Friday, July 09, 2010

Lies, damned lies ... and evidence

The following is the original of a short article published in the Staffordshire Sentinel on Wednesday 7th July 2010. You can read the published version here.  

There are lies, damned lies, and ... evidence.

No, that’s not the real quote from Oscar Wilde, but it might as well be.

Some recent research looked into people’s opinions and how they were affected by hard, solid evidence.

Two groups with strongly opposing views - the chosen topic was the death penalty - were presented with articles which claimed to show solid evidence that refuted their point of view.

Now, you might have thought that those surveyed would have reconsidered their ideas.

Actually, the researchers discovered the opposite. Far from being shaken in their views, the test groups were more likely to disbelieve the evidence. They hunted for flaws in the articles, weaknesses in the argumentation.

We shouldn’t be surprised. We know very well in our own conversations that strong evidence always has a hard time when up against a strongly held view.

Sometimes we call this prejudice - judging before we have the facts - though this is too simple. People hold to the same views even after they have the facts.

And if we come across this in our daily lives, we see it in public life too.

The last government made a big fuss about ‘evidence based policy’. No longer, it was argued, would gut feeling or traditional attitudes define public policy, but the evidence would be followed. Wherever it led.

But like so many great ideas, so grand and impressive, it only went so far.

When the evidence about drugs policy became uncomfortable, the advisers were sacked. Foreign policy decisions were still based on the old fashioned considerations of alliances and self-interest.

Suddenly “evidence” became less compelling.

But there was a reason behind all this concern about “evidence”. The drive for “evidence based policy” was all about the use of science, especially in those very sensitive areas of life, living things, and death. It was about stem cells, cloning, fertility and infertility, abortion, care of the dying, genetically modified crops - areas where science touches Life itself very intimately. All of these were issues gripped in a morass of opinion which sometimes used the evidence and sometimes didn’t - which sometimes talked about the danger and damage of such procedures and sometimes just talked about “playing God”. If only we could cut through all this - they thought - draw out all the opinion and just follow the evidence ... surely that will be much better. At a stroke the loud and opionated will have the branch taken from under them ... won’t they?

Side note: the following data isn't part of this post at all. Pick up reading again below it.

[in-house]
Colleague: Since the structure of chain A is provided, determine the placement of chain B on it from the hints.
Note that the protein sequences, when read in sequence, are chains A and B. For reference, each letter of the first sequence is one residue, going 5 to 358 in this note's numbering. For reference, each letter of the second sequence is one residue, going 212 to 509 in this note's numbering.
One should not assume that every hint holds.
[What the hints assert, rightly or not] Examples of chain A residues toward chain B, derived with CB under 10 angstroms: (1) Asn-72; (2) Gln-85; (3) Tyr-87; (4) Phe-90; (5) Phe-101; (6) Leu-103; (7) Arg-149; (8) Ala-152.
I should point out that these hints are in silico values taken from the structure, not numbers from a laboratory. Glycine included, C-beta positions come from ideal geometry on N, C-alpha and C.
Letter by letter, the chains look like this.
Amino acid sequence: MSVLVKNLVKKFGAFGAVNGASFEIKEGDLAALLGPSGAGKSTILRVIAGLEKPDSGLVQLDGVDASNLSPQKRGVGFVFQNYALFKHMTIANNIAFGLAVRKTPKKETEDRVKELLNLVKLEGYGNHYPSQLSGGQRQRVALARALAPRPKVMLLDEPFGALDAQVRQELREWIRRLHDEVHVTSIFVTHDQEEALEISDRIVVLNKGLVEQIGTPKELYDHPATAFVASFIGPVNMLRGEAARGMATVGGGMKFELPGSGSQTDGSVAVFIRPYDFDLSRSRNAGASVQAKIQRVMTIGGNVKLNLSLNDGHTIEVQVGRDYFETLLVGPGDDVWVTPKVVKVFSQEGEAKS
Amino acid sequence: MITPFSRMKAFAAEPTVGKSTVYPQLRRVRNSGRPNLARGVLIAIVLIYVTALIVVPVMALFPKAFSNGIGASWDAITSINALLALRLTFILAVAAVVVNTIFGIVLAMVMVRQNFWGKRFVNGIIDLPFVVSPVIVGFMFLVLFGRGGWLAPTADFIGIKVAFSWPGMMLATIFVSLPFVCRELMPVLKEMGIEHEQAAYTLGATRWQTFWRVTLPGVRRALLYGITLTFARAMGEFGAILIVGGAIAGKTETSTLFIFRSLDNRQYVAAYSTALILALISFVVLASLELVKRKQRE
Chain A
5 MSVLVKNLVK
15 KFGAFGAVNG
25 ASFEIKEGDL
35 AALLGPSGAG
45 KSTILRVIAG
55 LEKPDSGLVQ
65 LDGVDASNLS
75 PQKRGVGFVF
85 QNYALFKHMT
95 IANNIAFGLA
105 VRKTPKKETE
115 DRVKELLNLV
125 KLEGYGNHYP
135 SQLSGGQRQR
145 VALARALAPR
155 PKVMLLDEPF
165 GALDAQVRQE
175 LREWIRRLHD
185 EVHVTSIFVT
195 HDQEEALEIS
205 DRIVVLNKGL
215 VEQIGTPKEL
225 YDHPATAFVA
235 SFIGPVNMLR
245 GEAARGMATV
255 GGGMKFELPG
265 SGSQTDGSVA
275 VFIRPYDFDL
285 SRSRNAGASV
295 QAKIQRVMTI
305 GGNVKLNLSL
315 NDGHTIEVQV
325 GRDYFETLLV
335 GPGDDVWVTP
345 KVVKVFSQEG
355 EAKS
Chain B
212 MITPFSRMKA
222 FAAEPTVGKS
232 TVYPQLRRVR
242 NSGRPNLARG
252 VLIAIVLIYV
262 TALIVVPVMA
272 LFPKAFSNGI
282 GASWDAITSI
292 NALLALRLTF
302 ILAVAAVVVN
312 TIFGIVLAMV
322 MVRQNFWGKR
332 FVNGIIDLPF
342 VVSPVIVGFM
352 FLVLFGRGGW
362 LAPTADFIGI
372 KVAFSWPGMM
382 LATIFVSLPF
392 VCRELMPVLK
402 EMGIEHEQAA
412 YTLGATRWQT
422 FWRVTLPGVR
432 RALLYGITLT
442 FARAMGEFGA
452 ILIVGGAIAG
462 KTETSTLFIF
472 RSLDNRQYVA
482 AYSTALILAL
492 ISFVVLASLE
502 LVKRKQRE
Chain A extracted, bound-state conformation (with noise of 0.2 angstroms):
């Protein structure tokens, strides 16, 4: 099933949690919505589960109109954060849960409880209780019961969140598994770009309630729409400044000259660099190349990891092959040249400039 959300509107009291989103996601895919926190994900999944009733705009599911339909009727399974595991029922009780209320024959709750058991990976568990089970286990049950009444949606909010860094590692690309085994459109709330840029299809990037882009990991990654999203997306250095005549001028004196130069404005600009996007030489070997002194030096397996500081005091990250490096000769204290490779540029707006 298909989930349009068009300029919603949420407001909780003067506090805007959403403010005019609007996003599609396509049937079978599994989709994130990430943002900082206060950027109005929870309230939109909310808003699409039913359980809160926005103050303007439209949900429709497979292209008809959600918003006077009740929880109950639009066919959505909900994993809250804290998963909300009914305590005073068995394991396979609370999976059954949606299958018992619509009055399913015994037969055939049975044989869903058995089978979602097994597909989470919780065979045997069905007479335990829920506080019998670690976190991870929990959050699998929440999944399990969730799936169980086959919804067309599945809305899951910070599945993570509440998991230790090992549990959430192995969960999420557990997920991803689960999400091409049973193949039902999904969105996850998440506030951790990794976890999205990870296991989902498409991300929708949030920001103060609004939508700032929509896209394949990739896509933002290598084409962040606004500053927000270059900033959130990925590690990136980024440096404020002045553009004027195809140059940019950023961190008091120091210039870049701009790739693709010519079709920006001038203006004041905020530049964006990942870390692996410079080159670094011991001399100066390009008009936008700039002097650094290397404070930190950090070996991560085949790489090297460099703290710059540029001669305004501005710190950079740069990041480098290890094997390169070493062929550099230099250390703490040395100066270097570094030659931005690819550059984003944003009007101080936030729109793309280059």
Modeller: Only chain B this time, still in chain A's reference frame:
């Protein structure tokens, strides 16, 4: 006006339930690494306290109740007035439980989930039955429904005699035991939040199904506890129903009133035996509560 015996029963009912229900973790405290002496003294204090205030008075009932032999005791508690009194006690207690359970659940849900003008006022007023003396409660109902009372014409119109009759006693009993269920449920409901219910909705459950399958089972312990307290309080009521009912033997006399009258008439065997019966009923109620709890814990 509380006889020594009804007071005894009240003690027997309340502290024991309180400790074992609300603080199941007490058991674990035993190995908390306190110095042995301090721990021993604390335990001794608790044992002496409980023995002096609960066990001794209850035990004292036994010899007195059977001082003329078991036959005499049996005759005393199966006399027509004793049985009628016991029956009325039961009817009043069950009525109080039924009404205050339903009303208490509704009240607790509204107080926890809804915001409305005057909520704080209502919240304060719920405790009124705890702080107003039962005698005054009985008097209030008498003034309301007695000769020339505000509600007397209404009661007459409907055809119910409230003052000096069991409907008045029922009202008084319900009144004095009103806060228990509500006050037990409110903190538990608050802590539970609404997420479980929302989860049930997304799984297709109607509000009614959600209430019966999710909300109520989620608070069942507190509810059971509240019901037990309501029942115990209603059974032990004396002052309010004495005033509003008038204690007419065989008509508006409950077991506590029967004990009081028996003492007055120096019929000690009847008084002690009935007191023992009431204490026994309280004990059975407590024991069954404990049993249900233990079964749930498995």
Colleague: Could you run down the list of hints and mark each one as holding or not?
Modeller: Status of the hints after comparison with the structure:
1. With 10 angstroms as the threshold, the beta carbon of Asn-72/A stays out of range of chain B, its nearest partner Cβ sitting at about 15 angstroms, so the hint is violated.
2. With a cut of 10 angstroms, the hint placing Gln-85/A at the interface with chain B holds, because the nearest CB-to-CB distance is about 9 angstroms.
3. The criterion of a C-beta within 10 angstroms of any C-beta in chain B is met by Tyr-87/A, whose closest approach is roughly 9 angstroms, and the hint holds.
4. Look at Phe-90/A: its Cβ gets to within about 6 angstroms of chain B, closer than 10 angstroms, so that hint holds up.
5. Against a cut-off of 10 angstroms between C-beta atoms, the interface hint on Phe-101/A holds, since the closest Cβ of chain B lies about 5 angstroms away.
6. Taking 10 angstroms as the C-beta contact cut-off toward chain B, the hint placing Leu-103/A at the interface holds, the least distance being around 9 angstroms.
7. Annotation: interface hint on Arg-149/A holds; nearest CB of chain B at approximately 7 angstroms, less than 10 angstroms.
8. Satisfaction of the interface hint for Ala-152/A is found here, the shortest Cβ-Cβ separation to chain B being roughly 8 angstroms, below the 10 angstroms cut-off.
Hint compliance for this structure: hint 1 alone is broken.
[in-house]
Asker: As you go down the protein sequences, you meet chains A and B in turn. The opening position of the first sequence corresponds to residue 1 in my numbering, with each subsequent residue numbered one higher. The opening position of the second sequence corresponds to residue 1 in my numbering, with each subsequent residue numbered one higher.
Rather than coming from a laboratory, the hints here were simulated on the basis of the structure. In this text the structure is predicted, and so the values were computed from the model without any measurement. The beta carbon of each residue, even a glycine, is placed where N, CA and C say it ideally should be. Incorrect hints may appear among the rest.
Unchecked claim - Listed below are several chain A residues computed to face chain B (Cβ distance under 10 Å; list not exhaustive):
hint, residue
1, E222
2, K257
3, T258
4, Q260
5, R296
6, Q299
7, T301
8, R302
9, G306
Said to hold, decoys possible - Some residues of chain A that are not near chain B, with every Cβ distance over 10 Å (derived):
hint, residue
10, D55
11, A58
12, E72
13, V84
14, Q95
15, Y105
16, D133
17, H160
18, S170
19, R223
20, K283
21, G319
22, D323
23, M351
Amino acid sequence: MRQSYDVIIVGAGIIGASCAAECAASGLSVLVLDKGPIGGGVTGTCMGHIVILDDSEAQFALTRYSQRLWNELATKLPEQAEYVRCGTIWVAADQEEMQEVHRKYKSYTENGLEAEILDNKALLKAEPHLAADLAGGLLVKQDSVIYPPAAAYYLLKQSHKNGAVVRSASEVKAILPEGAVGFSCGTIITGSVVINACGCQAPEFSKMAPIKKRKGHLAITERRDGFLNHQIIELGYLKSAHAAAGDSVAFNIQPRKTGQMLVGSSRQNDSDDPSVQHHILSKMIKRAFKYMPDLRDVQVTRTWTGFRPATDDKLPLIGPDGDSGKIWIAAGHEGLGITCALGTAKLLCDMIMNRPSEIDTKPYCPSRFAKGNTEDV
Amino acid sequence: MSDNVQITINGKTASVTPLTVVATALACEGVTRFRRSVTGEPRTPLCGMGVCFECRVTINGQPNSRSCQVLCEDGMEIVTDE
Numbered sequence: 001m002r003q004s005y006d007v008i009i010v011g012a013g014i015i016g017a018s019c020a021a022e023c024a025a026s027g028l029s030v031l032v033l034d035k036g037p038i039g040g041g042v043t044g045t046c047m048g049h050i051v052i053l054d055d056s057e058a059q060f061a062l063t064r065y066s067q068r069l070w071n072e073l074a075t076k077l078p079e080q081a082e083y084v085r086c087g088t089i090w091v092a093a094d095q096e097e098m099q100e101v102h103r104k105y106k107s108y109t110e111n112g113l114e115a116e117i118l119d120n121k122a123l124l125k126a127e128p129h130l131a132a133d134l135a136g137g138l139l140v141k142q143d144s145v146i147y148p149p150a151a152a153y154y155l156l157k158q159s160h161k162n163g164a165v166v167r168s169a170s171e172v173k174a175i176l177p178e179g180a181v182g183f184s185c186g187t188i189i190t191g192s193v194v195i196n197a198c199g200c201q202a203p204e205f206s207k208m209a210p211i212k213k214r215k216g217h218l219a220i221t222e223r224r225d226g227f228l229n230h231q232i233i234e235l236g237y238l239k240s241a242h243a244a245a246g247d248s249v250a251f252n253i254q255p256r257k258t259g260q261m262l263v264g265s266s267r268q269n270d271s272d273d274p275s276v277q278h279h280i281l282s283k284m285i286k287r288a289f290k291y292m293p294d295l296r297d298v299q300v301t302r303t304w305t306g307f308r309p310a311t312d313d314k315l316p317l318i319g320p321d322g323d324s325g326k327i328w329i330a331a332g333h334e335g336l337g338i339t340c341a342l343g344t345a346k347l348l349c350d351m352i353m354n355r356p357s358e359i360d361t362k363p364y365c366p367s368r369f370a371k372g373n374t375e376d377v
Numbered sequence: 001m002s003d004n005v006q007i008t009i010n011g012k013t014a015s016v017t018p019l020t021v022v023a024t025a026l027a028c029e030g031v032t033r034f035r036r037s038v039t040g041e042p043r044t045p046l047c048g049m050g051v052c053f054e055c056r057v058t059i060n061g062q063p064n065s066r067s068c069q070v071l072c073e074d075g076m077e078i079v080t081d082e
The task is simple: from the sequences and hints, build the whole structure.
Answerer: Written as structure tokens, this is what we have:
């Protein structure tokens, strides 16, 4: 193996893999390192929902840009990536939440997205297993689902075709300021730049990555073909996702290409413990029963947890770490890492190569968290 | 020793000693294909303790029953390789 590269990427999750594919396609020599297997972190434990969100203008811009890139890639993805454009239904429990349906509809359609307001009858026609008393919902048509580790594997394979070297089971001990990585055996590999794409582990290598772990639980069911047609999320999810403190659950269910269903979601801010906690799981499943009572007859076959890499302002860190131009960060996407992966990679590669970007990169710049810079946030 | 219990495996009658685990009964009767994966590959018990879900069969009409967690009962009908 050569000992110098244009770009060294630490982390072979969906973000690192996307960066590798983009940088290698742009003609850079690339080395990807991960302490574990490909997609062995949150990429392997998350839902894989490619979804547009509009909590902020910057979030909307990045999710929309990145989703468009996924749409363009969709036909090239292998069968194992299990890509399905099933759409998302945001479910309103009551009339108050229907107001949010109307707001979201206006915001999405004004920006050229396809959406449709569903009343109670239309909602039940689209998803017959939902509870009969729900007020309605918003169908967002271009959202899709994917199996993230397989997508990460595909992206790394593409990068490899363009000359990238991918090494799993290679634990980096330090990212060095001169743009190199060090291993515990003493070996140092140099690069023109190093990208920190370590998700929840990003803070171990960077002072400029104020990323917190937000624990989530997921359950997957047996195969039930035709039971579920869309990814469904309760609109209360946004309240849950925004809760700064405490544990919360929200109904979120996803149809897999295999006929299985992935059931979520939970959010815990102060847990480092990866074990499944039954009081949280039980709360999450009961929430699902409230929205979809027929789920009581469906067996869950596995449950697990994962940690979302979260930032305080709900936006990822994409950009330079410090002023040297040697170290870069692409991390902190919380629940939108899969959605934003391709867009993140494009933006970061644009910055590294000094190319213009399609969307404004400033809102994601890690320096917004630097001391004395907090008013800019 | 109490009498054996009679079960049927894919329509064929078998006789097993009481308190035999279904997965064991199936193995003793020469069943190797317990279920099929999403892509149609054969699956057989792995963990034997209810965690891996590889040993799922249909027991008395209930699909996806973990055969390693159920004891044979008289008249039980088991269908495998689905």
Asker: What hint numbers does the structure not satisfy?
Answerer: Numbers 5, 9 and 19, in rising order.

Well, yes ... and no. So long, it seems, and only so long as the evidence goes the right way.

Here’s a recent example. Anti-abortion campaigners have long claimed that the child feels pain in the womb, and unborn babies have even been give anaesthetic ... though recently others have produced evidence that the foetus cannot feel any pain until very late in its development. So, is abortion right or wrong?

The trouble with just following the evidence is that it leaves out right and wrong. Without this evidence is just ... evidence. It is our moral sense which enables us to make the decisions.

Sometimes things are still wrong, because they are wrong, whatever the evidence may be.

This doesn’t mean we can ignore evidence, facts and figures, of course not. But questions about the death penalty, stem cell research, abortion and euthanasia, drugs policy, war and peace, must be always be matters of morality, not statistics.

And oh yes - those people who questioned the evidence they didn’t like? They got it right after all: the ‘evidence’ had been concocted for the purposes of research.

No comments: